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Restoring a Heritage Home

Restoring a heritage home – old, yes, but not forgotten

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Restoring a heritage home – old, yes, but not forgotten

Transforming a heritage home into a real estate jewel through a renovation or restoration is a labour of love – it requires a commitment to architectural character and a willingness to meet the challenge of unexpected surprises along the way. If your client has hired you to preserve the look, but update certain areas, the following are five broad categories that you’ll want to investigate.

HISTORY

Age, general architectural style and condition

Learn as much as you can about the history of the building. The historical society can be a good resource. Also, check archives for any old permits, drawings, photos, or newspaper articles about former owners. Learning about the lives of the people who built and lived in the house can help with restoration decisions. Many styles of architecture have played a role in our history, from Queen Anne, Victorian to Colonial Revival. Occasionally, you might also find a true Arts and Crafts style home too. It’s worth documenting the details of the home and checking books at your local library (or on the Internet) to determine its exact style. By learning the age of the home, who its former occupants were and its architectural style, you’ll be able to more easily piece together the “historic” puzzle for your client.

INFRASTRUCTURE

Structure, electrical, plumbing, heating-cooling and drainage

As far as condition goes, it’s worth investing in the services of a home inspector who is knowledgeable about historic architecture. He or she will be able to create a report that identifies potential problem areas and suggest viable, cost-effective solutions.

Problems with infrastructure can range from knob and tube wiring to clay pipes in plumbing. Foundations can be problematic as well, as old concrete can settle and crack, causing the building to shift; a pencil or a marble placed on the floor may well provide you with a heads-up. Any horizontal cracks in the concrete indicate severe settling and could mean costly repairs. If you suspect any underlying issues with the structure, it’s best to have it inspected by a structural engineer.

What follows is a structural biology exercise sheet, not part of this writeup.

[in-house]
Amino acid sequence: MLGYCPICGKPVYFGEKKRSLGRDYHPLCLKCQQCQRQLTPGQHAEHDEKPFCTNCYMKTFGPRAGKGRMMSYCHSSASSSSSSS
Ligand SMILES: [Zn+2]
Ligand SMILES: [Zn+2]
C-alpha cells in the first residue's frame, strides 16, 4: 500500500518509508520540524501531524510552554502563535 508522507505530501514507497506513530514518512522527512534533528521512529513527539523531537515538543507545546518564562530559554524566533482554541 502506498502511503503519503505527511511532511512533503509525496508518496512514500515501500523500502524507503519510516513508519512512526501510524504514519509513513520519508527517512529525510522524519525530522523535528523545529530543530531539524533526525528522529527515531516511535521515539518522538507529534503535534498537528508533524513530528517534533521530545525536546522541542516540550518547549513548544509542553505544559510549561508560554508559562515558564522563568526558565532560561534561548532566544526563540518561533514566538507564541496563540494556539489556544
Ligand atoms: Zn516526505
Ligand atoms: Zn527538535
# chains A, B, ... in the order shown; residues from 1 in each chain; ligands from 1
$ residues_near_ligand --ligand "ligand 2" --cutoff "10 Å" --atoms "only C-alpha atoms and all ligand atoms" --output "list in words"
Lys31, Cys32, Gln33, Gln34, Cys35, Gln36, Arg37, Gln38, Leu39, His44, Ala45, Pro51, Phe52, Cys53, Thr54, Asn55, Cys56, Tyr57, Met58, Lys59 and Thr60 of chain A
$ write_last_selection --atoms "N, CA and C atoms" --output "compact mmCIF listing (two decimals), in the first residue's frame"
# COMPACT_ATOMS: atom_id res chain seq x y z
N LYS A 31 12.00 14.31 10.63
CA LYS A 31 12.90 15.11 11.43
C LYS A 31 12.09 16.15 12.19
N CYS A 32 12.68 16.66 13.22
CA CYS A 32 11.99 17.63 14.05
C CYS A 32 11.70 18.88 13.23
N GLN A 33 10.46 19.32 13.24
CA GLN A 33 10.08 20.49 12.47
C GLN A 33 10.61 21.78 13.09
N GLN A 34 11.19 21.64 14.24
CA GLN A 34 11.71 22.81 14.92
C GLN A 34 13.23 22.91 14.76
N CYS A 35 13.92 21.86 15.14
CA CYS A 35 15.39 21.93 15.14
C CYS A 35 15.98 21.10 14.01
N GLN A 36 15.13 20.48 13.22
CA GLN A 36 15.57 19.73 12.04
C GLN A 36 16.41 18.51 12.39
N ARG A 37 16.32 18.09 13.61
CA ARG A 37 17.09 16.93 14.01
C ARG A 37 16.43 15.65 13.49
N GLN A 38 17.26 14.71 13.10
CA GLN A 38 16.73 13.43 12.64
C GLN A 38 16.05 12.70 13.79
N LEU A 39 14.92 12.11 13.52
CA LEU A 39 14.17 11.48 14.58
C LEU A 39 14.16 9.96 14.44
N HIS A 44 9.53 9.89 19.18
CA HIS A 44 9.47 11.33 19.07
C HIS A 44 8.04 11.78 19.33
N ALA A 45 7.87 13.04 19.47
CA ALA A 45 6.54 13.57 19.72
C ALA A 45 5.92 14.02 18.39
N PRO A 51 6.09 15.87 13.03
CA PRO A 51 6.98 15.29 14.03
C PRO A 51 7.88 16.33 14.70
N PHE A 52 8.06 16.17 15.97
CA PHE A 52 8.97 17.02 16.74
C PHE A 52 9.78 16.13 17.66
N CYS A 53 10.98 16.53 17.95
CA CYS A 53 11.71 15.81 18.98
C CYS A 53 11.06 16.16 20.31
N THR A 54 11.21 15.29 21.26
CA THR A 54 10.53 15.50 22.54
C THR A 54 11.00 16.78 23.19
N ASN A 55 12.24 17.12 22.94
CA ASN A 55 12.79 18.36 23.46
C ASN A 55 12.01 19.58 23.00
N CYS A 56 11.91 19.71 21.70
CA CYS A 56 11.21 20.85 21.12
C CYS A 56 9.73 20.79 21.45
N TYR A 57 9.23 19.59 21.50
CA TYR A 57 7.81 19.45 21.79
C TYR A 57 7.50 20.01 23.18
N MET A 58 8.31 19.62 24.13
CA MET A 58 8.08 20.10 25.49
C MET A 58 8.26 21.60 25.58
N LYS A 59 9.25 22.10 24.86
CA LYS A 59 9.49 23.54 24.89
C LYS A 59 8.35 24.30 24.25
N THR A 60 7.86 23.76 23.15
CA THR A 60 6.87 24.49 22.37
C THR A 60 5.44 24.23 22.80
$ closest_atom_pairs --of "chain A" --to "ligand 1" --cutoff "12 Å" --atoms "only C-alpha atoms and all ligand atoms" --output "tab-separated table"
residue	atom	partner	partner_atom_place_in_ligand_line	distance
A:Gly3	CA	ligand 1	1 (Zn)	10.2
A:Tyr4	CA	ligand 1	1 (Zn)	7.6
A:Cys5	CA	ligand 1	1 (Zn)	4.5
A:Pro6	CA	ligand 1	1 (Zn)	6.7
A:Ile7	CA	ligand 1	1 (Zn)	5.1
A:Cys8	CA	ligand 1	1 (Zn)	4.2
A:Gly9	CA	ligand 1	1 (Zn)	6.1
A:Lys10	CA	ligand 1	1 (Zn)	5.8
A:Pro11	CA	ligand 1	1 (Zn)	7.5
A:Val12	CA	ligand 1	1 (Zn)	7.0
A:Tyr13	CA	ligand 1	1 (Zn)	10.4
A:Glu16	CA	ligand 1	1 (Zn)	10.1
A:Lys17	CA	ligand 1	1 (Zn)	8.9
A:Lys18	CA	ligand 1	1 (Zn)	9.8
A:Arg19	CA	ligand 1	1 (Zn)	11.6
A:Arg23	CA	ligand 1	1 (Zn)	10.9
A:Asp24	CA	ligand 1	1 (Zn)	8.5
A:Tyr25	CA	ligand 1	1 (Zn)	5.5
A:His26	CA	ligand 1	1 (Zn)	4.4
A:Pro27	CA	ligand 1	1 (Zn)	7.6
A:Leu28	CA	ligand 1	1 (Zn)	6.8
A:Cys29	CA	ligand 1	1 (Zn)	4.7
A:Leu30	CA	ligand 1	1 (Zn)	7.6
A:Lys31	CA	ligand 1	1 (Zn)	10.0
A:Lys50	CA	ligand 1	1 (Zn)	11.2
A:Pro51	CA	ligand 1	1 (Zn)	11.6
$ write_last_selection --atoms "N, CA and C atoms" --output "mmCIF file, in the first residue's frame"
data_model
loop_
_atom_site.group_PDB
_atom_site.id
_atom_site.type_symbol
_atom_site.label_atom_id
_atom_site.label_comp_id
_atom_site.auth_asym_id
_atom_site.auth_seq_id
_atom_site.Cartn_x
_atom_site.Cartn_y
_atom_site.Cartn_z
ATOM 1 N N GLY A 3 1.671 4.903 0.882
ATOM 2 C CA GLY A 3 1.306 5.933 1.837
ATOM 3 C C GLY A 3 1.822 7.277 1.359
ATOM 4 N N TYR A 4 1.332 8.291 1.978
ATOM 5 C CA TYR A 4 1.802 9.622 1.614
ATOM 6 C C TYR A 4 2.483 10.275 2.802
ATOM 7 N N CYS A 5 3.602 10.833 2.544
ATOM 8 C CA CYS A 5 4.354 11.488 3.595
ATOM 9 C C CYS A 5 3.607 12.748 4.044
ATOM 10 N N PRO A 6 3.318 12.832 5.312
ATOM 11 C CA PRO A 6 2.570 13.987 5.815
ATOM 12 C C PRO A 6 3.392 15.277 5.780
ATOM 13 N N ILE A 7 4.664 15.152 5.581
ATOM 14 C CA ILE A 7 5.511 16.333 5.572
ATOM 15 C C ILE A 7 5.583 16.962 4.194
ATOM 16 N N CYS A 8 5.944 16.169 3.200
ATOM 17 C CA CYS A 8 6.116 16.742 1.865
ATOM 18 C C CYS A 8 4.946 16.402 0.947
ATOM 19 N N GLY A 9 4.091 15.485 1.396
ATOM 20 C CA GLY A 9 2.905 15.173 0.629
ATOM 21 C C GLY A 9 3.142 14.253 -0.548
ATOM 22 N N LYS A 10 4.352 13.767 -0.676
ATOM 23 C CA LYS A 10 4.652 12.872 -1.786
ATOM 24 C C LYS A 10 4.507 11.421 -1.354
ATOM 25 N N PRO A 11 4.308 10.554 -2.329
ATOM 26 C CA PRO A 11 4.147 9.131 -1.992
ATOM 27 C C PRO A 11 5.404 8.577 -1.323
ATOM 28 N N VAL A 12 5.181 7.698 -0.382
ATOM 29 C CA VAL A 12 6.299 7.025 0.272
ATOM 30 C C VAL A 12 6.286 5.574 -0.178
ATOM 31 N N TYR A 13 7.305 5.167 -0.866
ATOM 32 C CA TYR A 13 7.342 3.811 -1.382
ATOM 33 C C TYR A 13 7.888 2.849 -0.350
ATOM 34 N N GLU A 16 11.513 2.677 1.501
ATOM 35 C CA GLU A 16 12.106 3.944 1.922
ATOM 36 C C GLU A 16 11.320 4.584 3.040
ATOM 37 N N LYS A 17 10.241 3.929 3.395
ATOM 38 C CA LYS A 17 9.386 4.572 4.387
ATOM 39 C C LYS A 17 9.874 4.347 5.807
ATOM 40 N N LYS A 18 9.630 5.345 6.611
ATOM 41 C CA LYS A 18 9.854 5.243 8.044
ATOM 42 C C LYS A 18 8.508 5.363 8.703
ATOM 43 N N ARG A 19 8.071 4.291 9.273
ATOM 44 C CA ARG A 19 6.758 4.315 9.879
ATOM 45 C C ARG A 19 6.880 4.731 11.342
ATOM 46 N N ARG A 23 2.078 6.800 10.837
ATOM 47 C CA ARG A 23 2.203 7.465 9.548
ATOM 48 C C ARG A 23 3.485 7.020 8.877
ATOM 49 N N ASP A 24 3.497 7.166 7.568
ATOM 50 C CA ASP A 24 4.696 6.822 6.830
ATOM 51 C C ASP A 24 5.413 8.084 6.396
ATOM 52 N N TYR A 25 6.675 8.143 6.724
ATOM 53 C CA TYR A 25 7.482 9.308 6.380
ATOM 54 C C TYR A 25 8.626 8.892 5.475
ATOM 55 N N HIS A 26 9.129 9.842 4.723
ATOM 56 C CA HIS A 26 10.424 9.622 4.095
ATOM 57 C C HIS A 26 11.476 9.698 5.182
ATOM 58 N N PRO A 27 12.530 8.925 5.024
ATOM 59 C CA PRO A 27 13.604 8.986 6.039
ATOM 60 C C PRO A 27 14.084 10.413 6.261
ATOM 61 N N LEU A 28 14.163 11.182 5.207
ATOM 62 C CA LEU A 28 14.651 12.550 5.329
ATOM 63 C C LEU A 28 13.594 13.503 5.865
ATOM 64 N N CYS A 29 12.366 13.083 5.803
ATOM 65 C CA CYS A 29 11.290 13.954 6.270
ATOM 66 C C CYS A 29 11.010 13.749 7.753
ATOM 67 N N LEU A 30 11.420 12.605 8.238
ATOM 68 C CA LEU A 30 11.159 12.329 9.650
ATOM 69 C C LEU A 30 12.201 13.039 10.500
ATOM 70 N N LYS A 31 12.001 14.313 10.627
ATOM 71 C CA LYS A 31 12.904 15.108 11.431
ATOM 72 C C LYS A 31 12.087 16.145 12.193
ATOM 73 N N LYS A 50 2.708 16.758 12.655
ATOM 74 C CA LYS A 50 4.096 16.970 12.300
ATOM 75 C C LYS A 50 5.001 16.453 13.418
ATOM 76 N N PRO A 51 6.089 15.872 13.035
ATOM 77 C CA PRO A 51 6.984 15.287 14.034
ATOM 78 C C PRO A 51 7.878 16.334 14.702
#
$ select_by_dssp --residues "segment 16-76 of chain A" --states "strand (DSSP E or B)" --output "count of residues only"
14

Envelope, roof, insulation, walls, windows and doors

Before changing any of the elements that make up the envelope of the building, ensure that replacements or repairs will maintain the architectural character.

Windows and doors on old homes can be problematic due to rotten wood and energy inefficiency. Luckily, most historical boards recognize this and let owners replace them with more modern choices as long as the general character is the same. However, if you are fortunate enough to have windows with stained or art glass, consider hiring an expert to restore them.

Many older homes were originally insulated with horsehair or newspaper. Newer homes, but older than 1990 may also have vermiculite insulation which likely contains asbestos. In most cases, an investment is needed to remove the old insulation and properly insulate the walls, the attic and the roof. Energy rebates may be available for this.

Interior furniture, fixtures, materials and decorative trim

The interior design of a heritage property can be very detailed, and it’s important to decide which characteristics contribute to the value of the home. Ceiling details and interior trim — such as door stiles and rails, wainscoting and any decorative motifs — can be extremely valuable and worth preserving or restoring to its original state. Wallpaper patterns can be replicated and heritage paint colours are available.

Door and window hardware is often bronze, copper or crystal. Sometimes missing fixtures or ornate lighting can be found in architectural salvage stores.

The fireplace was the focus of many older homes. Oftentimes, mantel and hearth details were spectacular and included carved wood or marble. Make sure the home inspector is a bit of a detective as well and removes bits of paint in inconspicuous areas to see if you own a hidden treasure.